is a land
of firsts.
click here to scroll down
It’s a bold statement, but one that is especially true in the field of regenerative medicine: Stem cells were first identified here in 1961. Since then, Ontario has had many firsts in this field, including the discoveries of retinal stem cells, cancer stem cells, populations of stem cells in the skin and heart, as well as the fundamentals of early development.
Just in this past year, the world’s first stem cell treatment for septic shock took place in Ottawa. And results from the first clinical trial to completely suppress multiple sclerosis were published.
These are just two of many recent firsts OIRM is proud to be part of. Read about them and the ones we’re working on for the near future by scrolling down.
The largest investment — across all sectors (not just biotech!) — of the final quarter of 2016 landed in Toronto, with US $225 million in start-up funds for BlueRock Therapeutics coming from Bayer and Versant Ventures. BlueRock will be based in Toronto, Japan and the US. OIRM’s research will form a key component of BlueRock’s lead development.
OIRM researcher Michael Laflamme, University Health Network, will be BlueRock Therapuetics’ founding investigator and his OIRM Disease Team work is part of BlueRock’s initial development. His research, with co-investigator Gordon Keller, is an innovative method to regenerate heart cells after a heart attack, which could substantially increase quality of life and reduce long-term health care costs for patients. OIRM invested more than $2 million in direct research costs.
Successes such as BlueRock are a testament to Ontario’s current and future strengths in turning discoveries into new curative therapies and businesses. But we didn’t get here overnight – our leadership in this area has been growing over decades.
Take Duncan Stewart, for example. He’s our President and Scientific Director. He’s also an early pioneer and visionary in clinical translation, having led or collaborated on more investigator-initiated cell and gene therapy trials than anyone else in Ontario.

Duncan Stewart, our president and scientific director, is a great example of this leadership. Meet Duncan.
And then there were 13.
When OIRM launched in late 2014, Ontario was home to five cell therapy clinical trials. We’ve helped raise that bar. Today, this number nearly tripled to 13, making Ontario a global competitor in this area. That we’ve done this with a comparatively small investment speaks volumes about the pace of progress and the robust pipeline in this province. Our current momentum ensures this number will continue to increase in the years to come.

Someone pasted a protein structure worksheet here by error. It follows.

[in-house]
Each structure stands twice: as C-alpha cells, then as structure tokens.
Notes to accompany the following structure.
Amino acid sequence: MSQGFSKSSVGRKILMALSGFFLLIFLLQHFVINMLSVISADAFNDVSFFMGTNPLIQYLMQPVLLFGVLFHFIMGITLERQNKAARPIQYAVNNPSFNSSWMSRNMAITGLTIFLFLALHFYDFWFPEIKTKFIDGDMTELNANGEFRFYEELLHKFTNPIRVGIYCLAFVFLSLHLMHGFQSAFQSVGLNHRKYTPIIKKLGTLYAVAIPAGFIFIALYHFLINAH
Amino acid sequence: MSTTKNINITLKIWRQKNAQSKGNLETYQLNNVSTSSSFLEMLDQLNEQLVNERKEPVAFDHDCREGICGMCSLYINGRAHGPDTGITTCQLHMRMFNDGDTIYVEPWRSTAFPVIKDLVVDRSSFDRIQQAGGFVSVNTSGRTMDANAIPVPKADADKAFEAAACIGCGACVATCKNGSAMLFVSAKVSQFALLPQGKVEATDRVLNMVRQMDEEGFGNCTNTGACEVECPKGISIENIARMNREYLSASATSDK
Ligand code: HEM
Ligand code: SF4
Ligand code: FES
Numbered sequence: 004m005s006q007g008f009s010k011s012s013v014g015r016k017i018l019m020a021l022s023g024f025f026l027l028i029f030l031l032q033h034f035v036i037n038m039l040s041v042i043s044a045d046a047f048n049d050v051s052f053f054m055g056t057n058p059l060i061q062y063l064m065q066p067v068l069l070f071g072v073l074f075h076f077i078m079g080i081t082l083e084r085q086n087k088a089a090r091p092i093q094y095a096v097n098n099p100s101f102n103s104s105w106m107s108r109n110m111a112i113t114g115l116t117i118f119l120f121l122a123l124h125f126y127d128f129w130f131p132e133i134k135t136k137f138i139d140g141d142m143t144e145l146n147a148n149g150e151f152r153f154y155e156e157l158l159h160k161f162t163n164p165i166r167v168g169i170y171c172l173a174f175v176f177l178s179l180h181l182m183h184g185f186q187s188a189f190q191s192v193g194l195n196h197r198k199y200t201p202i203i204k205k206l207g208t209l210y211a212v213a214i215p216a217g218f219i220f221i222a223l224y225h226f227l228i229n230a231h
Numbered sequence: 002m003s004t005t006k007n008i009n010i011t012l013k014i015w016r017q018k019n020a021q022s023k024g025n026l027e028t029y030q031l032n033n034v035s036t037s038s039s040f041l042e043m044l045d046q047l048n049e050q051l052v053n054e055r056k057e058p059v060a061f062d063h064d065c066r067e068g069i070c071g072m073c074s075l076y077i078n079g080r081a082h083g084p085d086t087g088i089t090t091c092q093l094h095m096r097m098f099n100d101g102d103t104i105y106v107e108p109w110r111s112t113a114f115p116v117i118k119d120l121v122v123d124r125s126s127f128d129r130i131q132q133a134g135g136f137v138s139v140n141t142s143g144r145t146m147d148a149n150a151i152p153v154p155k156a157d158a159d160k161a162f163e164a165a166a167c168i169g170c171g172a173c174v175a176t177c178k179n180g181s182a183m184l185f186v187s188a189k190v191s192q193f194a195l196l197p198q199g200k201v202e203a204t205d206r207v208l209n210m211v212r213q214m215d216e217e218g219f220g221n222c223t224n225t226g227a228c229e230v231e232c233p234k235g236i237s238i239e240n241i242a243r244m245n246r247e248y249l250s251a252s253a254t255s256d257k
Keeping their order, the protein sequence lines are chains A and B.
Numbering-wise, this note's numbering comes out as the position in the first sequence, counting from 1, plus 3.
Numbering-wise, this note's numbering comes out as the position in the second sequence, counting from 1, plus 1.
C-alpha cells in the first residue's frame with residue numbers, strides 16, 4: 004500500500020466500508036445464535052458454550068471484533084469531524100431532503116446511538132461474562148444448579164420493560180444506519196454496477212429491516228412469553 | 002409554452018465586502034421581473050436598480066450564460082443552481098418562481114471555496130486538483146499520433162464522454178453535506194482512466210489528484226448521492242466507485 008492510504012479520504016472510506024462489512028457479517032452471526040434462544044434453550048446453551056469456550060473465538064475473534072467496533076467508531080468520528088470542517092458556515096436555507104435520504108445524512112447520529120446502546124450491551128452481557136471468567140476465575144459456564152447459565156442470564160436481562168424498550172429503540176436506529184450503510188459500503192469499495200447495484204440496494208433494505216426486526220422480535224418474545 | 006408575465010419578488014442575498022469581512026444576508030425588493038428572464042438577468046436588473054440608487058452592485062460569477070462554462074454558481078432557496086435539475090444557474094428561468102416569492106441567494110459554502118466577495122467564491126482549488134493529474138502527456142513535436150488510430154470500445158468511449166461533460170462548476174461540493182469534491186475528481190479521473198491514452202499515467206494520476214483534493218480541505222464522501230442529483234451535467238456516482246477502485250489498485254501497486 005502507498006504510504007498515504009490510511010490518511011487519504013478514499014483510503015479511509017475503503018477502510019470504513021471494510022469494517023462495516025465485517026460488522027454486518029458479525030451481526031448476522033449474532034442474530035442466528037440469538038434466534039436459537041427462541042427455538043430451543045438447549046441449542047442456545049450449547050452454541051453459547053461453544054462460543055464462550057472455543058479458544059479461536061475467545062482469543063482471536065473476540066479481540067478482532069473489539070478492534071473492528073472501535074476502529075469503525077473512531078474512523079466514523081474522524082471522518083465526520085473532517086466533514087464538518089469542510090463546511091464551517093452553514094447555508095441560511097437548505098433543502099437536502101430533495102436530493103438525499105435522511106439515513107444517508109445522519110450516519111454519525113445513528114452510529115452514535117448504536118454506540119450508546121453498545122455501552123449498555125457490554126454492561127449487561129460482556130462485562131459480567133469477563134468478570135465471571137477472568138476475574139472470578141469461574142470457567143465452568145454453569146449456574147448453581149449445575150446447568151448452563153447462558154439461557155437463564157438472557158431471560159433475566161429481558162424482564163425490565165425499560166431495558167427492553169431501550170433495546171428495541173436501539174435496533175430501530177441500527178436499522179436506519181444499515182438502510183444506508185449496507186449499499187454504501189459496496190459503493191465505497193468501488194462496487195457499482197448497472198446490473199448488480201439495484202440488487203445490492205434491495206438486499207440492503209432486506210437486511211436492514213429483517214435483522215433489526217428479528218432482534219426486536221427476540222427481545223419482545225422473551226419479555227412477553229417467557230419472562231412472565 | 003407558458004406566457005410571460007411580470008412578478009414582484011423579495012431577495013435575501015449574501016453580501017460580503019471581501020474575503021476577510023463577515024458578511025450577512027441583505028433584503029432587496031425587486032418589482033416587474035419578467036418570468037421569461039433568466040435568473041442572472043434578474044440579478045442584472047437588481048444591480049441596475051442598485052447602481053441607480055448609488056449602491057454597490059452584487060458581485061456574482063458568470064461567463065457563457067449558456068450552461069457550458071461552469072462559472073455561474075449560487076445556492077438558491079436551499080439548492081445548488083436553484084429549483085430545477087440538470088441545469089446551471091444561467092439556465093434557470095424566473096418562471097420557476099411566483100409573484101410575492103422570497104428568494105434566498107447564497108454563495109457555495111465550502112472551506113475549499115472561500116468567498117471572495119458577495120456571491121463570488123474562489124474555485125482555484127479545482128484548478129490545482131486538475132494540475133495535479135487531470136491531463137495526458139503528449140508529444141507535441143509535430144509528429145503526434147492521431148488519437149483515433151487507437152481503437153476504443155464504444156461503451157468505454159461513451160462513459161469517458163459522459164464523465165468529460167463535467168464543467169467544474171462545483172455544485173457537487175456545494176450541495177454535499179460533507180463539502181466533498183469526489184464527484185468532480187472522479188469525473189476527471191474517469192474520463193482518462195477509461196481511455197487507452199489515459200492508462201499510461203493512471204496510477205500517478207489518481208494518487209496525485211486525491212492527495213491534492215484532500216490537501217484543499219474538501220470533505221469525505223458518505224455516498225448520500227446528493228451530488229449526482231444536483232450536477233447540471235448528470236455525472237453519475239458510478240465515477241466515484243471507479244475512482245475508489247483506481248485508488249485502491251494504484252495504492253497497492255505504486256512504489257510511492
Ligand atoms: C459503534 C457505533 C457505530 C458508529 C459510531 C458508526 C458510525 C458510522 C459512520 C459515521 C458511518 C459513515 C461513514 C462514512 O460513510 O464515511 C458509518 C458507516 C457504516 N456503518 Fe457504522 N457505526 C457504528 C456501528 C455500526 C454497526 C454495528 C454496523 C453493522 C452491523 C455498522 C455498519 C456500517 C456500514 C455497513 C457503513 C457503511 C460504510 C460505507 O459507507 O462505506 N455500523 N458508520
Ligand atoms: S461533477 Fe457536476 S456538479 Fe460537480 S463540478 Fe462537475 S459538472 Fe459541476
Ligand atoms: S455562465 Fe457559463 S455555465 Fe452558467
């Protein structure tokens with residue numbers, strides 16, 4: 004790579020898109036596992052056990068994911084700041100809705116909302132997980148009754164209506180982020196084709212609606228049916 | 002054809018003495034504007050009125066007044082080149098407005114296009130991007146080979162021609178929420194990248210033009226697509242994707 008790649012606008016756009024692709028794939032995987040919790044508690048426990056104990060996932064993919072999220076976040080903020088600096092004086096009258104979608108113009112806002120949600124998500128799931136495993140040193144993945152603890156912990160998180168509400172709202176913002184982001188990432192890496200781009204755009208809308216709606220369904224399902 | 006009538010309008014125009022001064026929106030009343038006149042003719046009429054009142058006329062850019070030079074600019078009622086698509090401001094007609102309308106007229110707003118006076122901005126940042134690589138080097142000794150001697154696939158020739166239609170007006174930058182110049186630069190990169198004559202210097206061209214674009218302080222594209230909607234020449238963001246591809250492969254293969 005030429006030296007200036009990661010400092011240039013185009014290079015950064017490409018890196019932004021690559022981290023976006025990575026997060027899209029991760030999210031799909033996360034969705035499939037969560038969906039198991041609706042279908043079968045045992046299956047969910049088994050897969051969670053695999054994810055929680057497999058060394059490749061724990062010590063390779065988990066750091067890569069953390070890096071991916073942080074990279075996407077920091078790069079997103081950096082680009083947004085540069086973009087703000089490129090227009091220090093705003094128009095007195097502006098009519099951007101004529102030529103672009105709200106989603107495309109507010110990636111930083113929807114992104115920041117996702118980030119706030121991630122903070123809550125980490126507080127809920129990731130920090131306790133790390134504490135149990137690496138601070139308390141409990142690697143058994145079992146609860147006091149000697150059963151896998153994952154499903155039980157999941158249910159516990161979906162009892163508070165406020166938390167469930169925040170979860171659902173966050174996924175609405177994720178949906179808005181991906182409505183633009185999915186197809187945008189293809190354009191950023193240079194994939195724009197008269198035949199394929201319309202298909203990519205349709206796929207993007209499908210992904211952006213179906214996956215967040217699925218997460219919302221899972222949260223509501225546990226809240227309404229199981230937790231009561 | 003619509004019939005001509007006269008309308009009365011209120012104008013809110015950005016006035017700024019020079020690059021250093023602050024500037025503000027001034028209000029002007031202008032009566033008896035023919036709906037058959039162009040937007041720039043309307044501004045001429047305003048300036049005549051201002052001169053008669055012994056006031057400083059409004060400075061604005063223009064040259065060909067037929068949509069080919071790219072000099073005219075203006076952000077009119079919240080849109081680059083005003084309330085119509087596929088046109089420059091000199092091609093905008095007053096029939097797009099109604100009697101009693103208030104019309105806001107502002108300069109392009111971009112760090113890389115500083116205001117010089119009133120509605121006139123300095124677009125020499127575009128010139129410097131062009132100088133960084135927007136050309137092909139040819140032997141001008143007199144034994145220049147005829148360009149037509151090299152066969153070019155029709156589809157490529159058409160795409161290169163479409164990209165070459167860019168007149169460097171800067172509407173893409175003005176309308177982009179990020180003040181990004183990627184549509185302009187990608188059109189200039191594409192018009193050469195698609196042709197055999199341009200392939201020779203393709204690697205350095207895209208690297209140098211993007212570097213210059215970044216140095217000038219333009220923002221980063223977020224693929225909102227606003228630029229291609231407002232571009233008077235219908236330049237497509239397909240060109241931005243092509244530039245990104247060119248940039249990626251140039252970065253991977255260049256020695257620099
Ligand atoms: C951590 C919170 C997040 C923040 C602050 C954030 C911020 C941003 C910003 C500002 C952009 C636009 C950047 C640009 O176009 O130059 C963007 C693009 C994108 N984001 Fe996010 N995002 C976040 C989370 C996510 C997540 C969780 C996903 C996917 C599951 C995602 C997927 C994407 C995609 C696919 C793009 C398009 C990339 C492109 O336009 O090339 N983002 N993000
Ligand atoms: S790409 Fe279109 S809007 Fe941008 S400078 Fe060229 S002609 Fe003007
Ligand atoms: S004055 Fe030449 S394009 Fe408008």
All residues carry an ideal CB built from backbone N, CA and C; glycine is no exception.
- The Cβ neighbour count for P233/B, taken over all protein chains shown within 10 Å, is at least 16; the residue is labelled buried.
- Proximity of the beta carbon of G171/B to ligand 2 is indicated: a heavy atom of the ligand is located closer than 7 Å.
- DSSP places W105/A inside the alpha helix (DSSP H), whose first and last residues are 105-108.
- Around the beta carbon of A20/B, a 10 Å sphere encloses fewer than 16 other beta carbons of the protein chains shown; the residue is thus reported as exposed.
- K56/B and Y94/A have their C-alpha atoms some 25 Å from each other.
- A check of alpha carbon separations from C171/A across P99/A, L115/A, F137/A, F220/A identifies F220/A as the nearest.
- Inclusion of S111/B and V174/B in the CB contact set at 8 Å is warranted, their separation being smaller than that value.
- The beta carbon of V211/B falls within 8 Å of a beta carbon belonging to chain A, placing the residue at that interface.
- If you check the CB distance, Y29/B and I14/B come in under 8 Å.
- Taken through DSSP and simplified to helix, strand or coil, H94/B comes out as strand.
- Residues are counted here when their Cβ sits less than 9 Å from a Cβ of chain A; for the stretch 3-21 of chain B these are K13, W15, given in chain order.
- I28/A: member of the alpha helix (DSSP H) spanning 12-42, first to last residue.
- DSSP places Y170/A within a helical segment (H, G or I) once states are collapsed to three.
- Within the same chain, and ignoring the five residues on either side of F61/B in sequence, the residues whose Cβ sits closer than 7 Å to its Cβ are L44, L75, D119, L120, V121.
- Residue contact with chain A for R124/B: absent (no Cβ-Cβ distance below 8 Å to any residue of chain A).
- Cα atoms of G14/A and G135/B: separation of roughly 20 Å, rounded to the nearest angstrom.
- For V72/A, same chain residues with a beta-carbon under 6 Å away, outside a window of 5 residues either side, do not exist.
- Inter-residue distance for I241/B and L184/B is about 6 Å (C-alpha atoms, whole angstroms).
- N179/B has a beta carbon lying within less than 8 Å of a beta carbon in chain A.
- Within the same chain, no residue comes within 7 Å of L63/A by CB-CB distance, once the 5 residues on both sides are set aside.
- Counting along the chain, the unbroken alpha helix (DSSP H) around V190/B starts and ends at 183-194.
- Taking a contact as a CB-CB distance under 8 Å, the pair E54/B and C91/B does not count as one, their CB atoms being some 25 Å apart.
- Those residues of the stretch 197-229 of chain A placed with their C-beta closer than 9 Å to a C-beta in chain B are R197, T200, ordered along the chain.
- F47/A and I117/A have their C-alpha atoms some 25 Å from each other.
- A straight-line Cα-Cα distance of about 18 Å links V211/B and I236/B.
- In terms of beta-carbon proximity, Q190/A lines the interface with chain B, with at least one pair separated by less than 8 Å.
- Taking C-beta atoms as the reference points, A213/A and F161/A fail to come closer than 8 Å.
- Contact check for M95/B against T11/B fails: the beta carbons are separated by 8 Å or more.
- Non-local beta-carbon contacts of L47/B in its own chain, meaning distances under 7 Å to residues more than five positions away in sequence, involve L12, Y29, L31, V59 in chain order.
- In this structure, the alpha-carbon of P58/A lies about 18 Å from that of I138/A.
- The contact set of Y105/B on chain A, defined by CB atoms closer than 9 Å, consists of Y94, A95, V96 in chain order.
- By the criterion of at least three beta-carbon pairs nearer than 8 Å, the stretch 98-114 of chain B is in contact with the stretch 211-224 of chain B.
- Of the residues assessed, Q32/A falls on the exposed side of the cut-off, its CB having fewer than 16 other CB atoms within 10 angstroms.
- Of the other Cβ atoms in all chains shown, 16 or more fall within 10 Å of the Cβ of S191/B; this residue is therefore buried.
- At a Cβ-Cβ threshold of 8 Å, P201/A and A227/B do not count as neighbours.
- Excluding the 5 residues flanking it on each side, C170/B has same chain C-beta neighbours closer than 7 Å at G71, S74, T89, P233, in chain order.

Aggressive multiple sclerosis has a new worst enemy. The stem cell.
OIRM researchers at the Ottawa Hospital, led by Mark Freedman and Harry Atkins, published results of a long-term study showing that MS can be completely suppressed, and possibly even reversed, with a blood stem cell transplant. Patients who received this treatment experienced a halt to disease progression for a prolonged period of time, without the use of disease-modifying drugs. Yes, it’s a big deal. Read the scientific papers, published in The Lancet and JAMA Neurology. Read more about this remarkable clinical trial.
We’re just getting started.
Another important early phase study led by OIRM investigator Harry Atkins at the Ottawa Hospital demonstrated that blood stem cell transplantation led to remission in patients with severe myasthenia gravis, a potentially life-threatening autoimmune disease that affects the muscles. Patients experienced consistent, durable, symptom- and treatment-free remission. This study was published in JAMA Neurology.
We’d like you to meet Charles Berniqué.
Charles is a loving grandfather and husband. In 2016, he was in critical condition in the intensive care unit at The Ottawa Hospital. Facing death from septic shock, a condition with up to 40% mortality rate, Charles’ wife gave permission to enrol him in a world-first clinical trial. That trial, run by Lauralyn McIntyre, tested the safety of mesenchymal stem cells as a new treatment for this life-threatening illness.
Today, thanks to this trial, Charles is back on his feet at home and at work and now sits on OIRM’s Patient Advisory Committee.

Clinical trials and new ventures require support from many angles.
Clinical trials and new ventures require support from many angles.

As important as research and clinical testing is, manufacturing and business development also play a critical role. OIRM understands just how important this is, which is why we contributed $3 million in 2016 in a partnership with CCRM to support CCRM’s business development and manufacturing platforms, enabling CCRM to commercialize some of the products and technologies emerging from OIRM research labs.
In the past year, with OIRM’s support, CCRM has achieved 13 new patent applications, four new licenses and launched one new company. Read more about CCRM.